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The Space Barons: Elon Musk, Jeff Bezos, and the Quest to Colonize the Cosmos

4.15  ·  Rating details ·  2,874 ratings  ·  304 reviews
The historic quest to rekindle the human exploration and colonization of space led by two rivals and their vast fortunes, egos, and visions of space as the next entrepreneurial frontier

The Space Barons is the story of a group of billionaire entrepreneurs who are pouring their fortunes into the epic resurrection of the American space program. Nearly a half-century after Ne
Kindle Edition, 321 pages
Published March 20th 2018 by PublicAffairs
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JG (Introverted Reader)
3.5 stars rounded up.

This was fascinating, but I'm not sure why it's called Space Baron*S*. The author came across as a huge fan of Elon Musk; I would guess at least 80% of the book is about Musk and SpaceX. That could be because SpaceX seems to be the company that's really speeding forward, or maybe because Bezos and BlueOrigin are very secretive. It could also be because Bezos owns the Washington Post, where the author works. He might be trying so hard to be balanced and fair in his reporting
Mario the lone bookwolf
After decades of state delays, the visionaries are turning to Mars cities and asteroid mining.

Please note that I have put the original German text to the end of this review. Just if you might be interested.

Science fiction, especially space operas, hard science fiction, and the classic series, have dealt with the issue in a vast variety of ways. Which variants will prevail in which time frame is the exciting question. Where, in principle, it is more likely that the cultural and ideological barrie
☘Misericordia☘ ⚡ϟ⚡⛈⚡☁ ❇️❤❣
While I love everything that has to do with space era (which, sadly, isn't anywhere in the observable future, since something went wrong at some point, somewhere), business, innovation, new tech, daring business undertakings, etc etc... But, somehow, this book, even though it's supposed to combine all of this, didn't click with me.

Instead, I felt like I was reading a monstrously overblown article from some newspaper. Some ingredients were missing. I do appreciate that the facts were all right-i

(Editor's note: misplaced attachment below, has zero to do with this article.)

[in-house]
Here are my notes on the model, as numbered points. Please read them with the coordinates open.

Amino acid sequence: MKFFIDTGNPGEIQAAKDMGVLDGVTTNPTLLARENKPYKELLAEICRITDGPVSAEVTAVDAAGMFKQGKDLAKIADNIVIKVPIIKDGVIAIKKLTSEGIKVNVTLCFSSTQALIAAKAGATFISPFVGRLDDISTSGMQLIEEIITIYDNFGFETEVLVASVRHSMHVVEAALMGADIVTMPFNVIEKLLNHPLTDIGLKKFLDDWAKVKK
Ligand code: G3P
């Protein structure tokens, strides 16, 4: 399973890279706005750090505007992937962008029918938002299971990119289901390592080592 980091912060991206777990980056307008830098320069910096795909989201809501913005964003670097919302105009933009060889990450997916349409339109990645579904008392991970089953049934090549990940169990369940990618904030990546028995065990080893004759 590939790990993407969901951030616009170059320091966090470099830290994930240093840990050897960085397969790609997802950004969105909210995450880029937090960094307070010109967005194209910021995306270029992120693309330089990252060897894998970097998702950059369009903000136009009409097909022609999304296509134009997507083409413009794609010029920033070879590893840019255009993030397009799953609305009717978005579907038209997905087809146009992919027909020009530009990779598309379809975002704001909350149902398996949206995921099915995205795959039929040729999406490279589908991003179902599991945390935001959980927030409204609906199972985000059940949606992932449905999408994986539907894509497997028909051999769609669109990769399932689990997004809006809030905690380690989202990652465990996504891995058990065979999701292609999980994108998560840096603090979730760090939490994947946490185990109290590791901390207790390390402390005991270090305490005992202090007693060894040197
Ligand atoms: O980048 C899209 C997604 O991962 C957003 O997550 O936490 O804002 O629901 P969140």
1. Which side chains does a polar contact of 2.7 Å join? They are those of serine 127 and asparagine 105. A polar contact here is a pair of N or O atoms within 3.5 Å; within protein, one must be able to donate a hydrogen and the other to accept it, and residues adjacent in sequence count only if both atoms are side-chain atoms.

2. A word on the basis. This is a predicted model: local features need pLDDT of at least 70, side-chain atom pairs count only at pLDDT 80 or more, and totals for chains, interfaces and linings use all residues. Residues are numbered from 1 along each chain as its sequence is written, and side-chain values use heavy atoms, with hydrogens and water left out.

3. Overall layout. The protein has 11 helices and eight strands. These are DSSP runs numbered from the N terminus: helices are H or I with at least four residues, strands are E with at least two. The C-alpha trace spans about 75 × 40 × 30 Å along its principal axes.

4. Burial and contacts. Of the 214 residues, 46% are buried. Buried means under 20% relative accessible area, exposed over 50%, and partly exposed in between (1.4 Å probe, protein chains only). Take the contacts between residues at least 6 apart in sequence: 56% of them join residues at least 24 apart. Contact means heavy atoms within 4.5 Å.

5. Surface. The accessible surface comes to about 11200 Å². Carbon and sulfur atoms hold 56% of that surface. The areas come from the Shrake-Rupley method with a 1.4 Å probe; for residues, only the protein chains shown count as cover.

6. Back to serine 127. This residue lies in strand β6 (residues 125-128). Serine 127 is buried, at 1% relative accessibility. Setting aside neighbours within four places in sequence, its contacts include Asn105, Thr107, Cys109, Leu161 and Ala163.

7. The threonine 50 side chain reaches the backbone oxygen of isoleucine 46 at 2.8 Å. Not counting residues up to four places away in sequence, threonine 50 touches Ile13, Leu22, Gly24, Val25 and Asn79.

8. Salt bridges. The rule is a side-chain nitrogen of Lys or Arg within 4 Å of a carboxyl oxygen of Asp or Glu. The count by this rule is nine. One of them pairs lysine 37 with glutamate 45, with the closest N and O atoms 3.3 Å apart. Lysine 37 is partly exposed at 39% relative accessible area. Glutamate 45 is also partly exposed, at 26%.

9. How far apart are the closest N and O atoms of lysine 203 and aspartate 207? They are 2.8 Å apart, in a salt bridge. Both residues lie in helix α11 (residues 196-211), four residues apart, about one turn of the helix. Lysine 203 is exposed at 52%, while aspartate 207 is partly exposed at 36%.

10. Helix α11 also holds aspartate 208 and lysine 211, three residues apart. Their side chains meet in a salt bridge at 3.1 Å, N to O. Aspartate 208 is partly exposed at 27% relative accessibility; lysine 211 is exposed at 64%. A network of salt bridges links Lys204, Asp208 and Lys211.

Dee Arr
Nov 25, 2017 rated it really liked it  ·  review of another edition
Shelves: history
The full title of this book, The Space Barons: Elon Musk, Jeff Bezos, and the Quest to Colonize the Cosmos, emphasizes the battle between two of the main figures in the book. While I understand the name-dropping can potentially help in selling more copies, I feel it is important to mention others featured in the book: Paul Allen (Microsoft co-founder), Burt Rutan (not a “Baron,” but important for his role), and Sir Richard Branson (Virgin Group).

I chose to read this book because of my previous i
Feb 10, 2019 rated it liked it  ·  review of another edition
3.5 stars for this book. This is a very interesting read if you are into space exploration and the advances the private industry is doing towards the goal of sending humans to mars soon. The book focuses on big names like Jeff Bezos and Elon musk and 2 other billionaires and the work their companies are doing , the book gets repetitive at times and doesn’t really have anything new after the first 100 pages but like I stated before if you are into space and eccentric billionaires then this is the ...more
Nikki "The Crazie Betty" V.
I requested this book from Netgalley for a few different reasons. The number one reason being that I’m slightly obsessed with humanity’s scientific journey to attempt to get us in to space. My husband has heard me say more than once that, given the opportunity, I would gladly upend my life and go live on Mars to assist in terraforming. I’ve just always been interested in space, and space exploration and ultimately am a little resentful of the fact that I will most likely never get to see what’s ...more
May 31, 2019 rated it it was ok  ·  review of another edition
An over-hyped, biased reportage